Durham's Chimerix gets approval to test drug on Ebola patients

Durham drug developer Chimerix said it has received fast-track federal approval to start testing an experimental antiviral drug on people infected with the Ebola virus disease.

The experimental drug will be tested on Ebola patients to measure its effectiveness against the tropical virus whose death rate has risen to 70 percent in the epidemic now raging in Africa.

The drug, called brincidofovir, is emerging as a leading candidate to combat Ebola outbreaks, and Thursday’s announcement that it will be deployed in the fight against Ebola pushed Chimerix’s stock to an all-time high.

“Brincidofovir could represent a promising solution to the epidemic that is escalating in severity,” analyst Y. Katherine Xu of the William Blair & Co. firm wrote Thursday in a research note.

“Different from most other experimental treatments, brincidofovir has an extensive human safety database and large scale manufacturing in place,” Xu wrote.

The Chimerix drug was previously available to individual Ebola patients whose doctors submitted emergency requests to the U.S. Food and Drug Administration. To date, the drug has been released under the emergency protocol to only two known patients, including Thomas Eric Duncan, the Liberian national who died of Ebola last week.

Joseph Schepers, investor relations director for Chimerix, said FDA approval would allow the drug to be tested on Ebola patients outside the United States, but he didn’t specify where. In a recent interview with FierceBiotech, an industry publication, Chimerix CEO M. Michelle Berrey said study centers were being arranged in Europe and the United States to test the drug on Ebola-infected people returning from Africa.

All the patients testing the drug will receive the medication and none would take placebos, Schepers said.

Currently three people in the United States are known to be infected with the Ebola virus. Thousands are infected in three western African countries, where more than 4,400 have died this year in the largest Ebola epidemic to erupt since the virus was discovered in 1976.

The potent Chimerix drug is an attractive alternative to other antivirals because it does not have toxic side-effects. Brincidofovir comes in tablet form and can be stored at room temperature without refrigeration.

“Brincidofovir is stable even in accelerated conditions such as high heat or high humidity, making it particularly well suited for use in tropical climates,” analyst Jonathan Aschoff, of Brean Capital, wrote in a research note Thursday.

Aschoff also noted that brincidofovir could potentially be administered as a safeguard to health care workers with high risk of Ebola exposure. Already, 236 such workers have died treating patients, according to the World Health Organization.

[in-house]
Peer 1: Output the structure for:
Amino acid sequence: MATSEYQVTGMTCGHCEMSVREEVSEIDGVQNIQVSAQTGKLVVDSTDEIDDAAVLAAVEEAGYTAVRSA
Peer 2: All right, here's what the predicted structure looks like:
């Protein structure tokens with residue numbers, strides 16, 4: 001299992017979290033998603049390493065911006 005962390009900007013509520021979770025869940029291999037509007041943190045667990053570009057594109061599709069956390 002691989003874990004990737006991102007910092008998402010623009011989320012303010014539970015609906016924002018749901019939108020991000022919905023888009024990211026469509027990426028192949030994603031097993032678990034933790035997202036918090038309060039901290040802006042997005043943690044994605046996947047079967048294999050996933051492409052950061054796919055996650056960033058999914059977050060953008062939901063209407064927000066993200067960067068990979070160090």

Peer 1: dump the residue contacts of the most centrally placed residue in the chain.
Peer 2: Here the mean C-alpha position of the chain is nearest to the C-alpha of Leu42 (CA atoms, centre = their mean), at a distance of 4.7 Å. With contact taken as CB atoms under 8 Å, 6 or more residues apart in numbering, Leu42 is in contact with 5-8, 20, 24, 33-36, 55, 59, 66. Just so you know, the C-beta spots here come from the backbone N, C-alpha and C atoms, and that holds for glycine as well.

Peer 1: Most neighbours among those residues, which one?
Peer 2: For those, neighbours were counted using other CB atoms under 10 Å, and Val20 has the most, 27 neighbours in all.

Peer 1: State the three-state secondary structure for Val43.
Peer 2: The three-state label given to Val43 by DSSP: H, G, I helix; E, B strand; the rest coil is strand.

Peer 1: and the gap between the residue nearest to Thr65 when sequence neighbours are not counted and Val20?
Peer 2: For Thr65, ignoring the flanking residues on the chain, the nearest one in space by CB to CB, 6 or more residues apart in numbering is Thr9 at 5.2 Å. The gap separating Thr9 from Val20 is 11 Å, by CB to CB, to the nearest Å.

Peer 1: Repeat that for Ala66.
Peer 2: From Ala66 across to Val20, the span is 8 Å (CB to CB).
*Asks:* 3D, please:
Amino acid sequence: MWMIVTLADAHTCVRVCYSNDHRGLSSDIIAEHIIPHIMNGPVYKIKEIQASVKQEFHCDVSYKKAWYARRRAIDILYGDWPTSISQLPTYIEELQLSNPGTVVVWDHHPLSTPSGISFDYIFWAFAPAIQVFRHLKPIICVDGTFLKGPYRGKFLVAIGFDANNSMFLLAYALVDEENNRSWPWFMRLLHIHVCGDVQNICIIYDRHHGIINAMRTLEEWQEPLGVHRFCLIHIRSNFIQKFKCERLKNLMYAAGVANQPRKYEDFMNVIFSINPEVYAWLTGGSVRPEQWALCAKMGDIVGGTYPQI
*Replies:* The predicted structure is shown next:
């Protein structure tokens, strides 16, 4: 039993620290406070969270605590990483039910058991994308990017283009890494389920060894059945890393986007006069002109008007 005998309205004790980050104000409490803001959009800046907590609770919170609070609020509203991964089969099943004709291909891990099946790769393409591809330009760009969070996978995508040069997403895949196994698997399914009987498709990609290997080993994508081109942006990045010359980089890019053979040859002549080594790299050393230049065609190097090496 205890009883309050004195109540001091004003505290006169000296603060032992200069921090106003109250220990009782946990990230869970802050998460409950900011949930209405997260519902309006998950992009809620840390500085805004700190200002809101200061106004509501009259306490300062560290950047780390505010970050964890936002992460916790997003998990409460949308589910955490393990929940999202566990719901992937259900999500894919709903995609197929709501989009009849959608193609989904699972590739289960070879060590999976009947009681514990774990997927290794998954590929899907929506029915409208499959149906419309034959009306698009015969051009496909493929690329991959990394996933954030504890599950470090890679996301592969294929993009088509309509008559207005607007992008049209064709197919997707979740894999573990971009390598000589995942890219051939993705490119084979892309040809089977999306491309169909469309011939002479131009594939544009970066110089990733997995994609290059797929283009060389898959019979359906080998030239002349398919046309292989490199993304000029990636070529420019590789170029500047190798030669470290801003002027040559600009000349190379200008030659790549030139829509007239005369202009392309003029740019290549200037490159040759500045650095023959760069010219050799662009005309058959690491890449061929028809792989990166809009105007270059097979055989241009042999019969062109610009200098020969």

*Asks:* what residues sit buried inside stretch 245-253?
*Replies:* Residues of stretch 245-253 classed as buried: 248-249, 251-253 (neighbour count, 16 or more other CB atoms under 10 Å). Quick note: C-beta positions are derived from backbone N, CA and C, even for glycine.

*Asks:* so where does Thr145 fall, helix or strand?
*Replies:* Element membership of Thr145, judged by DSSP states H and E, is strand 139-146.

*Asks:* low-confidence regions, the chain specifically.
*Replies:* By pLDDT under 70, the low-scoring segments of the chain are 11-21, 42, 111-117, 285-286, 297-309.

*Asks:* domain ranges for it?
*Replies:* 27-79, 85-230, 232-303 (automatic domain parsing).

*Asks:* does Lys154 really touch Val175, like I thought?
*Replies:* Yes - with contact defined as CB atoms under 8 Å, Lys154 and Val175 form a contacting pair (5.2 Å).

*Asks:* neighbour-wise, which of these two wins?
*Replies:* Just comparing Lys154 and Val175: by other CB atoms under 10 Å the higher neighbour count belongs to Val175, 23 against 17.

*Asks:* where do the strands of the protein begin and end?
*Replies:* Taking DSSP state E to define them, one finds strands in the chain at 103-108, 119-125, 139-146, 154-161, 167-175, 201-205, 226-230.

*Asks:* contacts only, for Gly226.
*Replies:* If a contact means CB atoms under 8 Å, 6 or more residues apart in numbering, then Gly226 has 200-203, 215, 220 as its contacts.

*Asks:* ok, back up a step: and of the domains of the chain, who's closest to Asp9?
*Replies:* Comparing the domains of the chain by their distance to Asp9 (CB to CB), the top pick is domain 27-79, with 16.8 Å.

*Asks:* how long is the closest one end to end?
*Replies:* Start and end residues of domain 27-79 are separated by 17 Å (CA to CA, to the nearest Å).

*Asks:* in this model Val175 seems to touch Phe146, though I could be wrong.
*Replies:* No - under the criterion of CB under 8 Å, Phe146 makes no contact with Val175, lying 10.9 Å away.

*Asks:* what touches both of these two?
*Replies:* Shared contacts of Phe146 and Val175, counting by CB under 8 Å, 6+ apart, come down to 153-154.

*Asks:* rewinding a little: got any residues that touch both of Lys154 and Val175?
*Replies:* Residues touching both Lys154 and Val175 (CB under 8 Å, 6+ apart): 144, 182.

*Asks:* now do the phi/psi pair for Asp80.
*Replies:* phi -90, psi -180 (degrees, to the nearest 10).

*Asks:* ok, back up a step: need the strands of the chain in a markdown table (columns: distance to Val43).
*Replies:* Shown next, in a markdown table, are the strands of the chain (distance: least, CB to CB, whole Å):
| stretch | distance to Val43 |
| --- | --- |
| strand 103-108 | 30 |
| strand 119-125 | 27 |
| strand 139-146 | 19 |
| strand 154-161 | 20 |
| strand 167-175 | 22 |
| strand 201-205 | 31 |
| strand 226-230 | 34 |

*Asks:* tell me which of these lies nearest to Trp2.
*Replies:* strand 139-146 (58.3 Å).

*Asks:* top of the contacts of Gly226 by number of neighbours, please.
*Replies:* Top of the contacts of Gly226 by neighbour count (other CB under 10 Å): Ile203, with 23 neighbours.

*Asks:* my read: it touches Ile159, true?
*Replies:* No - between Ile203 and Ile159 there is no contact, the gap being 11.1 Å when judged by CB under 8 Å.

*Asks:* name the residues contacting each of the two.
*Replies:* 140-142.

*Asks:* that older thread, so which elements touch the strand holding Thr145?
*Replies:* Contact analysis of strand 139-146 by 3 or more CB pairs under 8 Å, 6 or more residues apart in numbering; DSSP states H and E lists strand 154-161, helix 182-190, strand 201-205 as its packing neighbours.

The company is well-stocked with the drug, having about 23,000 treatment courses “warehoused and ready to ship to combat an epidemic,” analyst Daniel Brims of Cantor Fitzgerald wrote in his research note Thursday. That quantity corresponds to enough medicine to treat 23,000 infected people.

Brincidofovir has an established safety record, based on more than 1,000 people who have taken the drug between 2009 and 2012, largely in compassionate use programs.

The drug works by inhibiting replication of certain DNA viruses; it has shown effectiveness against Ebola in laboratory cell cultures.

Brincidifovir is also being tested on common viruses that are not dangerous to healthy people but can be deadly for patients with compromised immune systems.

Company officials say the main focus for Chimerix remains developing its antiviral against a trio of viruses: smallpox; adenovirus, which causes the common cold; and cytomegalovirus, which is related to chicken pox and infects its human hosts for life but stays dormant and asymptomatic in healthy people.

Still, investors have focused on brincidofivor’s Ebola potential, pushing the company’s shares up $3.22 on Thursday to close at $35.40. The stock is up 134 percent this year.

“Once efficacy is demonstrated in either infected animals or humans, brincidofovir could be used in Ebola patients broadly and Chimerix could receive stockpiling orders from various governments,” Xu wrote.

Additionally, bricindofovir is backed by the federal government’s Biomedical Advanced Research and Development Authority. BARDA is funding $22.3 million in research to develop the Chimerix drug as a weapon against the threat of smallpox dispersed through a bioterror attack or accidental release.

The experimental drug is not expected to be approved for general public use until 2016 at the earliest.

In contrast to most other viruses, Ebola easily overwhelms a healthy immune system and typically kills half its victims.

Duncan, the Liberian who was treated for Ebola disease at Texas Health Presbyterian Hospital in Dallas, died Oct. 8. He was in advanced stages of the virus attack when he began using the Chimerix drug.

NBC News freelance cameraman Ashoka Mukpo, who is being treated for Ebola at the Nebraska Medical Center, is also receiving brincidofovir.

Since Duncan’s death, two nurses who treated him have also tested positive for the Ebola virus. It is not clear if they are taking brincidofovir, as their doctors have not publicly disclosed their course of treatment.